Thursday, January 22, 2015

Microsoft Corporation Unveils Spartan Browser To Compete With Google Chrome And Firefox


Microsoft Corporation Unveils Spartan Browser To Compete With Google Chrome And Firefox

It seems Microsoft Corporation (NASDAQ:MSFT) is finally departing from Internet Explorer as the its primary internet browser, realizing that it is futile to try to turn it into a worthy competitor against Google Inc.'s (NASDAQ:GOOGL) Chrome or Mozilla Corp’s Firefox. Internet Explorer, for the past few years now, has been relegated to the point of only being used to download other fast and efficient browsers by most tech savvy users.
To claw back its lost glory, Microsoft is introducing "Spartan", which will be much faster and dynamic, and will focus on putting content at the forefront. It will also be equipped to handle modern web-programming standards.
The new flagship browser will work in conjunction with Cortana (a Windows voice-enabled search assistant), which will have an intuitive ability to forecast users’ actions. Spartan will also allow the annotation on web pages through a mouse or a stylus (depending on the platform used), and share these thoughts via social media and swiftly save them on the cloud; Microsoft Azure, the company’s cloud-computing system can play a role in this. Cortana can have a huge impact on Spartan’s popularity especially if it can successfully compete with Apple Inc.'s (NASDAQ:AAPL) Siri voice-command system and Google’s “Google Now.”
Spartan will make its appearance on the new Windows 10 operating system. The new Windows 10 was launched yesterday (January 21) at an event in Redmond, Washington. Internet Explorer will be included in Windows 10 to cater to corporate clients who still use it, although Microsoft will put Spartan in the spotlight on the new OS.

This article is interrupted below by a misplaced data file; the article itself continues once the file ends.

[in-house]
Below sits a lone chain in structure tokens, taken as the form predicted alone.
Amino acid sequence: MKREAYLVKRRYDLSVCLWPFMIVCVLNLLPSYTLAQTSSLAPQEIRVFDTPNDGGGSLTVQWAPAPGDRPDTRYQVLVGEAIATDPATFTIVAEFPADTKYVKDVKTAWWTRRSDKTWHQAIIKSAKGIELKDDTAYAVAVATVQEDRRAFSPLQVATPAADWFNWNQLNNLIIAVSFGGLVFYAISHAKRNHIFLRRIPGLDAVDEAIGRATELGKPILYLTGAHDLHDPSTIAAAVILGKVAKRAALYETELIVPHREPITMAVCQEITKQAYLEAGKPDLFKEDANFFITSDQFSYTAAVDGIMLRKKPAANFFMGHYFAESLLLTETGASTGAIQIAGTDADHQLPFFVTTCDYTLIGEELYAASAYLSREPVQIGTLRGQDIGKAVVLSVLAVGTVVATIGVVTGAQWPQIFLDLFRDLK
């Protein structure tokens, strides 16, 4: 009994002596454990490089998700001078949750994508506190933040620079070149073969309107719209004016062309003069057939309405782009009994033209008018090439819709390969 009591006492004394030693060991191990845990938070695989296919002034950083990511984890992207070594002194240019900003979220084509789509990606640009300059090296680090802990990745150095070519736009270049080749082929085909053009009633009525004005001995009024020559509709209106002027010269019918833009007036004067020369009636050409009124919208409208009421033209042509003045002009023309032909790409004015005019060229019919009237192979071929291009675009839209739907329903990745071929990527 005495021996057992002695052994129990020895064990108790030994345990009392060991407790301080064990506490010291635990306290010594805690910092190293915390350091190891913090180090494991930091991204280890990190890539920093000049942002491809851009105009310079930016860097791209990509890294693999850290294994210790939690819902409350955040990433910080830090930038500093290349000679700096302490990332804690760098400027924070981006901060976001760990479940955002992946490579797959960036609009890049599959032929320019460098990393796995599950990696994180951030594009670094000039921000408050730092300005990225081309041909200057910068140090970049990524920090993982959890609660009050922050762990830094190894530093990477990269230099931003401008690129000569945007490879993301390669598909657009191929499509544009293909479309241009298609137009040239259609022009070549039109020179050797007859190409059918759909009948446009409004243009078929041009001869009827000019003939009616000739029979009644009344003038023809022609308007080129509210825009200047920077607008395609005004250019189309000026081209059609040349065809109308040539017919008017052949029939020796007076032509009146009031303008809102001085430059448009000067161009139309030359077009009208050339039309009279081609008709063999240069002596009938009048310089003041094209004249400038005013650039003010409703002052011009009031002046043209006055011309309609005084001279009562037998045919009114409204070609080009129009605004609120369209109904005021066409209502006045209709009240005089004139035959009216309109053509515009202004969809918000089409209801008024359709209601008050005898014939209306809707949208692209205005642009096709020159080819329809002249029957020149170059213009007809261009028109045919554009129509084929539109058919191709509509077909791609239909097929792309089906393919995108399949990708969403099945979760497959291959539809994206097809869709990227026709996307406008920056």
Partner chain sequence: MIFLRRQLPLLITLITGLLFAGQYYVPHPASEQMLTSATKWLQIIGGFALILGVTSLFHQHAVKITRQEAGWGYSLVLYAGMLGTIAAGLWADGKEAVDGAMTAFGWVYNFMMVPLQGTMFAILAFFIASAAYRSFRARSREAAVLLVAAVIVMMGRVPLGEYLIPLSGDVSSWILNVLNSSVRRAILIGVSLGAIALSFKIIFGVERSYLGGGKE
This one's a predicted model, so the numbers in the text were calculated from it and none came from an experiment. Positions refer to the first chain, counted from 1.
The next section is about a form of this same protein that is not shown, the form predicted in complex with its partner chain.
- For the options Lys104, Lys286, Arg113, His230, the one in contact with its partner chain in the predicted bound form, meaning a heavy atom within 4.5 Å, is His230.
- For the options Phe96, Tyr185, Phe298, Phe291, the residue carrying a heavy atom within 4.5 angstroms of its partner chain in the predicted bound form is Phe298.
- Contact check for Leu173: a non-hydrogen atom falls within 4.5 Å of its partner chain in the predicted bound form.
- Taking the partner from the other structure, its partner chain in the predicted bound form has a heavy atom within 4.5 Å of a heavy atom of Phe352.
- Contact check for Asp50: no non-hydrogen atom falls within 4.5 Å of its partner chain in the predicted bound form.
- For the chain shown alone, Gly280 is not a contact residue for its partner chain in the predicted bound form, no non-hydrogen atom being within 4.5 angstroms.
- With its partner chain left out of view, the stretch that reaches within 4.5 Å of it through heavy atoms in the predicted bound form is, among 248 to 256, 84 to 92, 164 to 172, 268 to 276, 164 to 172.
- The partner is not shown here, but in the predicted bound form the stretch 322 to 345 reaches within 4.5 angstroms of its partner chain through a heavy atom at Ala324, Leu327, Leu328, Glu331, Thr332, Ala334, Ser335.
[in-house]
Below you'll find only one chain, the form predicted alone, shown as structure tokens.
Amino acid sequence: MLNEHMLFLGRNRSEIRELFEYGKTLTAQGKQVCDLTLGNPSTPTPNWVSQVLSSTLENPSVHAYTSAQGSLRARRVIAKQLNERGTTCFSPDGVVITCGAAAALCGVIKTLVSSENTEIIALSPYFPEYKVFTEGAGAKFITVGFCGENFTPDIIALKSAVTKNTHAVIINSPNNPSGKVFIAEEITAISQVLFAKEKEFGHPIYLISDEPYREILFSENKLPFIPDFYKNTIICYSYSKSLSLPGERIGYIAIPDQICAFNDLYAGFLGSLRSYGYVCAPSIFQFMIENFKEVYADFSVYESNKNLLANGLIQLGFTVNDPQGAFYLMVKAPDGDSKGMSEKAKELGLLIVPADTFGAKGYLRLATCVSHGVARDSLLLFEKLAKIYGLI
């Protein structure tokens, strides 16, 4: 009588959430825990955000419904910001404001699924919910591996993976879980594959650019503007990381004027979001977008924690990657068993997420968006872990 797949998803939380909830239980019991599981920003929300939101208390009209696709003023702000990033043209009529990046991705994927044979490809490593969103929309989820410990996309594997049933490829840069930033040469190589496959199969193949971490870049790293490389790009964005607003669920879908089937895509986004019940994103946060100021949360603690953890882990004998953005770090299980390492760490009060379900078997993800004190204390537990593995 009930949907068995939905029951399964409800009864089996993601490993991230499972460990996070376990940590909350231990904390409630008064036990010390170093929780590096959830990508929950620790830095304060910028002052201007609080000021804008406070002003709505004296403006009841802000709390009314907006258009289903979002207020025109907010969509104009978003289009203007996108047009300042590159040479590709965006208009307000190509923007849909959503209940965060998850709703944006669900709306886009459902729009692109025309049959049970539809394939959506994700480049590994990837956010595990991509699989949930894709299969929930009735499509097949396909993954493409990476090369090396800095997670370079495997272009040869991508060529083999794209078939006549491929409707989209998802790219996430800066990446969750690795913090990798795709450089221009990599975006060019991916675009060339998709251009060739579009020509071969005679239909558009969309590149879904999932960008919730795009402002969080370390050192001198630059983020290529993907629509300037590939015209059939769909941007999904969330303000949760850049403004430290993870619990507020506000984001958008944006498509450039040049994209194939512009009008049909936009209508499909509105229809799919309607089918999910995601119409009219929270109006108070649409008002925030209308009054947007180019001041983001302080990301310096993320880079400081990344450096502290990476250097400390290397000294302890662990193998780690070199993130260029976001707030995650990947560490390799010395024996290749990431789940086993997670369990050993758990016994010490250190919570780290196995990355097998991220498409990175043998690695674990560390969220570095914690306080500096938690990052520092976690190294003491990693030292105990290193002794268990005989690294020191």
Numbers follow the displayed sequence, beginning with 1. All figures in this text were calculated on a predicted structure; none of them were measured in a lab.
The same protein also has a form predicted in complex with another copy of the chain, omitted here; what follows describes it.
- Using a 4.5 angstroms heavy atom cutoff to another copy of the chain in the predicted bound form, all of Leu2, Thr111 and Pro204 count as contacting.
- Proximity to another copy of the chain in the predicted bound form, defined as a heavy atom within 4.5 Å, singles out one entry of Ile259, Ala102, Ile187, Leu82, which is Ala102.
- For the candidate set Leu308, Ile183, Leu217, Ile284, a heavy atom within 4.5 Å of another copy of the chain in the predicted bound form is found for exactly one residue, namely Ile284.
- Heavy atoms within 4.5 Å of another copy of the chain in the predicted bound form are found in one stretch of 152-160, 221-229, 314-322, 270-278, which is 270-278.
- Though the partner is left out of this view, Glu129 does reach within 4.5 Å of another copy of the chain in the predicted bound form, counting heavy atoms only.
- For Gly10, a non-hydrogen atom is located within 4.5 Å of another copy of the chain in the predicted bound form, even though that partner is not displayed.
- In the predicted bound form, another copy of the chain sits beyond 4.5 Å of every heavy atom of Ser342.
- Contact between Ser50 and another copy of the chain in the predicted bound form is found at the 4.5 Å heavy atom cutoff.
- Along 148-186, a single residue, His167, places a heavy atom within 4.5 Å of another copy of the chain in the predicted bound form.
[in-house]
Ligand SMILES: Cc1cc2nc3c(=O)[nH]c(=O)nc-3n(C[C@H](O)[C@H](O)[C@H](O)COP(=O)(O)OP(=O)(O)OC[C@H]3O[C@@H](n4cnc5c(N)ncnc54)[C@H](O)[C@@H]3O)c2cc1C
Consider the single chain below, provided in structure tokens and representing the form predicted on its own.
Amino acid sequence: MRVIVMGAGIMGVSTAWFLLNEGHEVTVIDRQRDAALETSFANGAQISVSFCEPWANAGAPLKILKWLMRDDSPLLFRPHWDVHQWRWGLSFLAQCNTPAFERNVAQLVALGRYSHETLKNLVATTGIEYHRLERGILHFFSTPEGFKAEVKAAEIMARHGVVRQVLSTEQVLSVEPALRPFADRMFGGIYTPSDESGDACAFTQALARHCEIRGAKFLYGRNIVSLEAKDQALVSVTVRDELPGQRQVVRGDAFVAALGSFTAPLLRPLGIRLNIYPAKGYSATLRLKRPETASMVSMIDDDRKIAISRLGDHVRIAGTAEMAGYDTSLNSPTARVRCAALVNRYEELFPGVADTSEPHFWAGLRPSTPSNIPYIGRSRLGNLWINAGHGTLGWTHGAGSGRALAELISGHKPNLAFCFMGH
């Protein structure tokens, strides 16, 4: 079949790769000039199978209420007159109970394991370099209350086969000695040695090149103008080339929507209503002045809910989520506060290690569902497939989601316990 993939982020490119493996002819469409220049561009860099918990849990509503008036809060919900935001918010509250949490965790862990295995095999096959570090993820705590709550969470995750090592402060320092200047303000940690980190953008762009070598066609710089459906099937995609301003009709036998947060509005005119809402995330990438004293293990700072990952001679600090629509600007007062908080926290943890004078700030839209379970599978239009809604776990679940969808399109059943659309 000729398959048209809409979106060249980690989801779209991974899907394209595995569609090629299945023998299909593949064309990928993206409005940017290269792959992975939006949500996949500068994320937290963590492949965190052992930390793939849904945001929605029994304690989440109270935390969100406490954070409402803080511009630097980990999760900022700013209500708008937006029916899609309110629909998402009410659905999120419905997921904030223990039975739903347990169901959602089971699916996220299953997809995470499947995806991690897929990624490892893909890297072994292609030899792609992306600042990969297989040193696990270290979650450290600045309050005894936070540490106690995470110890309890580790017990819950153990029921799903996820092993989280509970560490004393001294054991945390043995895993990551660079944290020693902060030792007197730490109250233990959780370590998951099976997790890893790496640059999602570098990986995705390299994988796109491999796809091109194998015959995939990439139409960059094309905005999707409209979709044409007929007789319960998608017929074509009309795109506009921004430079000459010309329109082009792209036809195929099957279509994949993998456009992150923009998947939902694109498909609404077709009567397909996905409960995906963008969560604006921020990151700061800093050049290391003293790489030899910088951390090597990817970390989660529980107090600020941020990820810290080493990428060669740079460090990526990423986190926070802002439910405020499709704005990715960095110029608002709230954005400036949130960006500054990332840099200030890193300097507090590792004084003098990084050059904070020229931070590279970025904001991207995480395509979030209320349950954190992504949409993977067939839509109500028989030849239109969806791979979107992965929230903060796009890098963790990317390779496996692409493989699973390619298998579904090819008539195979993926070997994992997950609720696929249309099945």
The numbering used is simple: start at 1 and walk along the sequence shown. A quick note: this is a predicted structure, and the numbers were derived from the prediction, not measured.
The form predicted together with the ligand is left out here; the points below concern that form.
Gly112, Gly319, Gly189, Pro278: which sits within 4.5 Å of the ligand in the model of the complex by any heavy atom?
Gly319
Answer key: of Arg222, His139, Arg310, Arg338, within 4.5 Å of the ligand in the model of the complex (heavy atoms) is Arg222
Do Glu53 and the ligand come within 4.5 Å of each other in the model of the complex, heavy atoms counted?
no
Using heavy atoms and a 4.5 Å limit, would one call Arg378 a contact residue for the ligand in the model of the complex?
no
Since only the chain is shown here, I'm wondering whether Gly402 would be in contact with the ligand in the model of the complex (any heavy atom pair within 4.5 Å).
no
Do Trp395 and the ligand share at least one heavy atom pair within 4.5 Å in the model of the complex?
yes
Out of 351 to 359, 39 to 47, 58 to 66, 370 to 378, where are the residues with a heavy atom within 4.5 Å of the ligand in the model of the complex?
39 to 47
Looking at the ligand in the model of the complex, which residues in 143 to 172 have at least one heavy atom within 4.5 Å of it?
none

A report from Bloomberg mentioned a comment on Microsoft’s development by Wes Miller, an analyst at Directions: “With Spartan, we will wind up with a modern browser experience that behaves more like what users have shown themselves to like in Firefox and Chrome.”
It is hard to understand the relationship between the two browsers that will be present on Windows 10 and whether there will be any convergence or feature-sharing between the two. Microsoft is currently taking user feedback on the dual-browser method and has not yet disclosed whether there will be a default option or not. Spartan will primarily be used as a voice command search browser while Internet Explorer will be packaged as a stand alone browser

The Need For Spartan

Internet Explorer has had a glorious past where it surpassed Netscape’s Navigator in 2000, after spending a huge amount of funds to outdo it in the ‘90s. As Explorer became dominant, Microsoft slashed funds and reduced the staff until new competition, especially Firefox, compelled it to focus on its operations again.
Internet Explorer has seen a large plummet of its share in the market for browsers from a high in mid-2000. The browser held an astounding 97% share in the desktop browser market in 2003, which was reduced to 59% in December 2014. The information from NetMarketShare, a Web-analytics firm, puts the share of Chrome at 23%, while Firefox stands at 12% as of last month (December 2014).
On the mobile platform, Apple enjoys the largest share with its Safari web browser occupying 44% of the mobile browser market. This first spot can be largely attributed to the immense popularity of Apple’s flagship iPhones, which have recorded stellar sales. Consequently, Android-based systems being used by the likes of Samsung, Sony, and HTC, have allowed Chrome to gain a 24% market share. Internet Explorer, on the other hand, has a mere 2.3% share in mobile browser market that includes both smartphones and tablets.
With an increase in smartphone computing, the introduction of Spartan on mobile devices will enable Microsoft to capture some of the browser market.

What’s In The Name?

Many users are stumped as to why Microsoft chose Spartan as the name for its new browser. Some suggest that the name is a continuation of Microsoft’s trend of borrowing names from its Halo game franchise. Even the voice feature of Cortana is taken form the game’s real-life voice enabled digital assistant. Gamers would be familiar with Spartans, which are human super soldiers, genetically modified to battle aliens in the Xbox Halo game series.
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